Psychotherapy as a treatment has been around since the term was coined in the early 1870’s. For over a century psychologists, psychiatrists, psychotherapists, social workers and other mental health professionals have used a wide range of modalities to treat varying degrees of mental illness. For decades it was the standard of care for individuals who suffered from, what was then called “neurosis”, which is now likely considered a depressive and/or anxiety disorder (depending on presentation). However, over the past 40 years, with the advent of psychopharmacological “interventions”, psychology and psychotherapy took a backseat as a primary form of treatment.
Recent research on psychotherapy has shown that patients treated with combination therapy (psychopharmacological plus psychotherapy) show the most gains and better outcomes in the treatment of a multitude of mental disorders. In a recent American Psychological Association study, it was found that individuals suffering from depression/anxiety disorders had better outcomes and committed to treatment when prescribed psychotherapy alone, instead of just medication.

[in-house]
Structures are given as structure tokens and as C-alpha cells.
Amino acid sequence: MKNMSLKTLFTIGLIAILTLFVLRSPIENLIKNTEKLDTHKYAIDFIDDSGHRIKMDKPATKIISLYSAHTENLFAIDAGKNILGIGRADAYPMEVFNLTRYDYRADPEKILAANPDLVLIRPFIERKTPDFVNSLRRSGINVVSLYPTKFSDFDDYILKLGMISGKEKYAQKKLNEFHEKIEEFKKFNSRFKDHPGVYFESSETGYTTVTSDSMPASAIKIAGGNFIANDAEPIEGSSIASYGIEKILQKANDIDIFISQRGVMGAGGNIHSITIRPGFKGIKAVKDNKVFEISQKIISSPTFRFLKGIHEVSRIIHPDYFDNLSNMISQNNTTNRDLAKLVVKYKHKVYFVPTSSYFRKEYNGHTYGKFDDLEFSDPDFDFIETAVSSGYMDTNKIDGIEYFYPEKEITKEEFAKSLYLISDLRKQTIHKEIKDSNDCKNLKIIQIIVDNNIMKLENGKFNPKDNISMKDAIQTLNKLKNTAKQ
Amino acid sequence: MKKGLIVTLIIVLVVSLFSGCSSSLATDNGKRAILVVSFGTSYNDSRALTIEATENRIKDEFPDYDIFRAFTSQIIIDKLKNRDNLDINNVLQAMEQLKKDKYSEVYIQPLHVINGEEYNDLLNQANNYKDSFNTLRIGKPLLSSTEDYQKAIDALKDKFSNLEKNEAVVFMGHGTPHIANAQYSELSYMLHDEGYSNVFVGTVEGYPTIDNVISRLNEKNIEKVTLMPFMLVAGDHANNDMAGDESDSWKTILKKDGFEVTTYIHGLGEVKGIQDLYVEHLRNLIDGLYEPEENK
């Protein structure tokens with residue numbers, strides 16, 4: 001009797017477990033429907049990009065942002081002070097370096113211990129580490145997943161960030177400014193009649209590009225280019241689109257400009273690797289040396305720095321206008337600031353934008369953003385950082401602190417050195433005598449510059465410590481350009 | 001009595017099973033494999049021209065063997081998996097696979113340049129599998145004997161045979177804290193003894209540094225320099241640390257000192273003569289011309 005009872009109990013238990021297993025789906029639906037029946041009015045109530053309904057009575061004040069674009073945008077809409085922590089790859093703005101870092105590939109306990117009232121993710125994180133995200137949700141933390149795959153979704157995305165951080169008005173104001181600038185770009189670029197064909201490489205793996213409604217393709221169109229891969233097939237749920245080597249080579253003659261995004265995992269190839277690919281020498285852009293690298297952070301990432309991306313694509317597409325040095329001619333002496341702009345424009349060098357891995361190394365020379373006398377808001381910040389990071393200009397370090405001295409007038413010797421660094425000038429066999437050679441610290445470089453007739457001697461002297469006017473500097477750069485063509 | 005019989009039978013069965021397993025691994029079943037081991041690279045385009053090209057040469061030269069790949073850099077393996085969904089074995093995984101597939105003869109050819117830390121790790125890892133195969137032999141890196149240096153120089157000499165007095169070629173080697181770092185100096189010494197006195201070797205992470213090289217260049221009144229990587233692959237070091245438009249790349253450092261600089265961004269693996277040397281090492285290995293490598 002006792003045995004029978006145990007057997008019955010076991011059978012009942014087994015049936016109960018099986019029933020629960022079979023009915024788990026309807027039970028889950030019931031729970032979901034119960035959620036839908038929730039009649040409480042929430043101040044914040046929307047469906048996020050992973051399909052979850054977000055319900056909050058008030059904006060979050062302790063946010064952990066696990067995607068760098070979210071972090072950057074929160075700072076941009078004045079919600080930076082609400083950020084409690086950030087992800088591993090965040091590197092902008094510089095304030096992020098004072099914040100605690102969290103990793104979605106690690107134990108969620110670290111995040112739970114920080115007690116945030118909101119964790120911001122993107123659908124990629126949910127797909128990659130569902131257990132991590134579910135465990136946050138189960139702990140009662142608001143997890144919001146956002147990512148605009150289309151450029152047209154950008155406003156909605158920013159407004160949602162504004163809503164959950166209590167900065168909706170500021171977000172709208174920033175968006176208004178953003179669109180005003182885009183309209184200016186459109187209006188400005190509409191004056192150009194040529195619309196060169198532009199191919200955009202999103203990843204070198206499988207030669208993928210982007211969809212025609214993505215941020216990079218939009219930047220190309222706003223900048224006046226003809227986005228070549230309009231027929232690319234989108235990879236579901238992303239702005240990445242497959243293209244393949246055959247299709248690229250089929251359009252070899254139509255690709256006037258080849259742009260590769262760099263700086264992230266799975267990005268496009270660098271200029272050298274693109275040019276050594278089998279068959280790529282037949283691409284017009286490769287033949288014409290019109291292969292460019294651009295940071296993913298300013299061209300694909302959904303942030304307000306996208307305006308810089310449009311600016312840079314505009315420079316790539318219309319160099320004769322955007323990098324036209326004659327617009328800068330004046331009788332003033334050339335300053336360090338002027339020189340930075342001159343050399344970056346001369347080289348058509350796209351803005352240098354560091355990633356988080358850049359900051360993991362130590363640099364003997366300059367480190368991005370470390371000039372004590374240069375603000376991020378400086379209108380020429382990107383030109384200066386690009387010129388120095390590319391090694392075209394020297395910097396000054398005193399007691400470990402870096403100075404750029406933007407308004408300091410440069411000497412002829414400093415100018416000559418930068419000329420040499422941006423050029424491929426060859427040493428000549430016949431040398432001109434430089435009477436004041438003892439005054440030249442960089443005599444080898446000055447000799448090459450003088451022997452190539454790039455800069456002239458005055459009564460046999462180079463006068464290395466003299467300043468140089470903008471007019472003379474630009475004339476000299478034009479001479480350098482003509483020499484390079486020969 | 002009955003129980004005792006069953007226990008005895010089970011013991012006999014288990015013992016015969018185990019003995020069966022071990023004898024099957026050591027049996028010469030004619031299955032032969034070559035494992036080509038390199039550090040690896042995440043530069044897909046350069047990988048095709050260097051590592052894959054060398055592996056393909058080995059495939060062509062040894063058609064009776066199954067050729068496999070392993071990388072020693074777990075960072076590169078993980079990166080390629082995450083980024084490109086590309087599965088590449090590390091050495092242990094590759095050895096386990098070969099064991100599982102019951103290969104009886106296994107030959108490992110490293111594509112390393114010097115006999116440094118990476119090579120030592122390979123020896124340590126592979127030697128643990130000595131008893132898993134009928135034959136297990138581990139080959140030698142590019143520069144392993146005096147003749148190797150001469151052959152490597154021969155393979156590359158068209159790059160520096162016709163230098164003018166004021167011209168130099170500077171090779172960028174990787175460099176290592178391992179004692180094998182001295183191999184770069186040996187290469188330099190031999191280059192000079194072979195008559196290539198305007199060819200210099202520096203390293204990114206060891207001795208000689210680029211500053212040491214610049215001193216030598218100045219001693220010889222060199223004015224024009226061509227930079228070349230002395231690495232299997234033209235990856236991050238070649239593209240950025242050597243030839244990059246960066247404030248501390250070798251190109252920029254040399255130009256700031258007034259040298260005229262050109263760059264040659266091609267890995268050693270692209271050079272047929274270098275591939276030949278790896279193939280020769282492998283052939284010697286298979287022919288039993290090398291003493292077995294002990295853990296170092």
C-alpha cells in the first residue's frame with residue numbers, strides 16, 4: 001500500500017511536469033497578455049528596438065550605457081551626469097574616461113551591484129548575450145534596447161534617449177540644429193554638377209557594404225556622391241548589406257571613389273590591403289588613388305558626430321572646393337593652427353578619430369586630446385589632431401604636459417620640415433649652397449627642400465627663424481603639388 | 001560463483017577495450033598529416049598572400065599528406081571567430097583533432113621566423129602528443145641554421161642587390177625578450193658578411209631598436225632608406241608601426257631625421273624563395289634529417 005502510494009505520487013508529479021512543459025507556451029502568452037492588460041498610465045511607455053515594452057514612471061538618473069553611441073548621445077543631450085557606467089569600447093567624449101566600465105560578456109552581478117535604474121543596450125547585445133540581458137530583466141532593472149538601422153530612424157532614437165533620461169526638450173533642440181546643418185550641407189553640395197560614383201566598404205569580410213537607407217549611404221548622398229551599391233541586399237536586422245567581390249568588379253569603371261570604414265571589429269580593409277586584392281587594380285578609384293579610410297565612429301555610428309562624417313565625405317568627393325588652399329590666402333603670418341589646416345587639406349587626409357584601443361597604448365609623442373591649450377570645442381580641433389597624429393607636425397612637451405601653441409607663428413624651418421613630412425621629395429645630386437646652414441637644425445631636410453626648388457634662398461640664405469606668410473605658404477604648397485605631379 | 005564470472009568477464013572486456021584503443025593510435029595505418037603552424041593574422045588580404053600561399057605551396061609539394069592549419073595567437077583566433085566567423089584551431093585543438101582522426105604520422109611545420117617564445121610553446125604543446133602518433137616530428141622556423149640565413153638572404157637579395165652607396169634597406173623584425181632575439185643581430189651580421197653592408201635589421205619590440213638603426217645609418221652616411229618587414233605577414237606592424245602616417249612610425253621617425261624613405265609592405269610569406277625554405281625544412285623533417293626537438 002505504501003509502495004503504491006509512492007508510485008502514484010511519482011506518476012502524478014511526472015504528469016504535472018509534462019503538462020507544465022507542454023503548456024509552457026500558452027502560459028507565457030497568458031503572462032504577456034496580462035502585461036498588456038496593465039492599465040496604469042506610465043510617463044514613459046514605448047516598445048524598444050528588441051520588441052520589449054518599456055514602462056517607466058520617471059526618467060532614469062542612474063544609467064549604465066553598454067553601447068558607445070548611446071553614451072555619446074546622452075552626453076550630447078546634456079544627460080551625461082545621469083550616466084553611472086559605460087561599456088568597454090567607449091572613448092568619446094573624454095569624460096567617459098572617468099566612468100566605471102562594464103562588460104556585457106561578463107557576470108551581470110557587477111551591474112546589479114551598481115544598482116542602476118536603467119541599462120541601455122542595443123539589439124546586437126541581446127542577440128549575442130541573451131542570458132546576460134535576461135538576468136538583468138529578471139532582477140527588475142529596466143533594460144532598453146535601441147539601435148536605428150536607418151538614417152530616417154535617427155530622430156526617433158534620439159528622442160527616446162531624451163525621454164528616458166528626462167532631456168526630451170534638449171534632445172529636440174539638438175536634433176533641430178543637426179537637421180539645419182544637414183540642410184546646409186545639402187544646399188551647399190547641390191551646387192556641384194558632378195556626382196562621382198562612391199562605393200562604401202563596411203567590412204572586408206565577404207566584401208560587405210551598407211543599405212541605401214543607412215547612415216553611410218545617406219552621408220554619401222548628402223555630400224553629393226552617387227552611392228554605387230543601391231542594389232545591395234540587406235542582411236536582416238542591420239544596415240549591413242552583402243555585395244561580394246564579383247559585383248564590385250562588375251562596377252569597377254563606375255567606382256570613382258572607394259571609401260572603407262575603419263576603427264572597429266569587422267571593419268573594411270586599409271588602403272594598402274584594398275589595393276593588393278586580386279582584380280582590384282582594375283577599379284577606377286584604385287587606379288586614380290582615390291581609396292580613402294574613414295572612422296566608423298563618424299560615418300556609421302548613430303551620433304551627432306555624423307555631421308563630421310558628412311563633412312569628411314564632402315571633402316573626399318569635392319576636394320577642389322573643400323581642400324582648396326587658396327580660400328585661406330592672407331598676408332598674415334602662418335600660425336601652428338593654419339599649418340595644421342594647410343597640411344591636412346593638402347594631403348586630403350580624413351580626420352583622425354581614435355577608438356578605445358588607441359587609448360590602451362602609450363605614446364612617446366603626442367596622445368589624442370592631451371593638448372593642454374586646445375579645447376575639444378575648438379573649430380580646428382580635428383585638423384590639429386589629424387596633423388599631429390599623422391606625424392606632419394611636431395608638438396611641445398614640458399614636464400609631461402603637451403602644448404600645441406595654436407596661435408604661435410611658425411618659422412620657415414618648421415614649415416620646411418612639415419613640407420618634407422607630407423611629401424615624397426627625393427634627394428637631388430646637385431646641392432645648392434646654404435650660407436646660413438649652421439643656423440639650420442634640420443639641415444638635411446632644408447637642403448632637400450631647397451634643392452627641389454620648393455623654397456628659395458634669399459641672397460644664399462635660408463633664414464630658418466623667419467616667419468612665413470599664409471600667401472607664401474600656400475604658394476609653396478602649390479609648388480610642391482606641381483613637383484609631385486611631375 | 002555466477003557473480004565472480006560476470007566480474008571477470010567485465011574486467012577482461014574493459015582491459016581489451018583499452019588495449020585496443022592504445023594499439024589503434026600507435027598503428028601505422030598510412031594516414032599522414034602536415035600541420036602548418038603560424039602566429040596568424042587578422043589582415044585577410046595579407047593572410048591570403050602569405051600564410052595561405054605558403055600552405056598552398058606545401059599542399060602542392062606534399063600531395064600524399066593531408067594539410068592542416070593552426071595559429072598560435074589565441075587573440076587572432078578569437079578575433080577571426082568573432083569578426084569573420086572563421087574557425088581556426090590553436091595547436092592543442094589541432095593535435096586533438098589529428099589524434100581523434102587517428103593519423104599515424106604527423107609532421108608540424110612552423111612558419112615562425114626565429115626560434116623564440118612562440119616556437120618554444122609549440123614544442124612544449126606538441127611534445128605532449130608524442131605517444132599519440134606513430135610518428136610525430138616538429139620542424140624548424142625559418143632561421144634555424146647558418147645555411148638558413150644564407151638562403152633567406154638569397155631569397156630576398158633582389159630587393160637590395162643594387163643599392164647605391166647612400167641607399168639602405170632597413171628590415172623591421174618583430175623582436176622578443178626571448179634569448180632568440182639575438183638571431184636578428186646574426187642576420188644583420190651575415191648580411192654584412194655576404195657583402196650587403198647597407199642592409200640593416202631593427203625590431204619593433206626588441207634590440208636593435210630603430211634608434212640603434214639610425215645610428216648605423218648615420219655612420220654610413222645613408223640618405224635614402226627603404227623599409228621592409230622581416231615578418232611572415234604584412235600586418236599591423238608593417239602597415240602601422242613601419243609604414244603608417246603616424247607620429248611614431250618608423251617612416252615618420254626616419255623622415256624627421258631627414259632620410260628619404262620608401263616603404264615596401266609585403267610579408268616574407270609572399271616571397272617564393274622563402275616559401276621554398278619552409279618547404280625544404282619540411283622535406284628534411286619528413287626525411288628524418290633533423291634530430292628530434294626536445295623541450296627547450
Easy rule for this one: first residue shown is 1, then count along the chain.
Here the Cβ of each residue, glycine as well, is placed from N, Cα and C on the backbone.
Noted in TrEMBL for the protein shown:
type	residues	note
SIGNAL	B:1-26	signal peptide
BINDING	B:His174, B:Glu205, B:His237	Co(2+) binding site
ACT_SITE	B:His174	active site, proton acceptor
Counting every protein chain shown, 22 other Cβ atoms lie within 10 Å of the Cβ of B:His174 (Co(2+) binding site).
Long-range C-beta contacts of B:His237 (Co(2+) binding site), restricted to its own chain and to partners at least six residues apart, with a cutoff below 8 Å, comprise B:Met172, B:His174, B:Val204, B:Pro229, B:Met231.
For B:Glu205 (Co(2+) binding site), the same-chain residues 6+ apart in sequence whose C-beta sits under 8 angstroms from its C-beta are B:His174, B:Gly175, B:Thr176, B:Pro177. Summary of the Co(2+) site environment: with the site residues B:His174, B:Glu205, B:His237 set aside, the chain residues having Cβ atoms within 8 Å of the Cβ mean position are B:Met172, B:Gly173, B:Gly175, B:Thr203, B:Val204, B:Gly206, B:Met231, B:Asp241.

In my practice I have patients who are currently on medication, I have patients who may need a referral for medication and I have patients who wish to come off their medications. I am trained in helping patients evaluate whether a medication intervention is needed and I can make those referrals when appropriate. In either circumstance I can help patients and support their recovery through psychotherapy.
The benefits of psychotherapy continue to emerge as more and more studies prove the inherent benefits of this treatment method. It is a modality of treatment that has evolved over the past century and continues to improve as more and more empirical evidence supports its efficacy. In many European and South American countries psychotherapy has been incorporated into the standard of care and as a result their citizens report lower rates of depression and anxiety. Psychotherapy is making a resurgence and is helping many people live healthy, satisfying lives.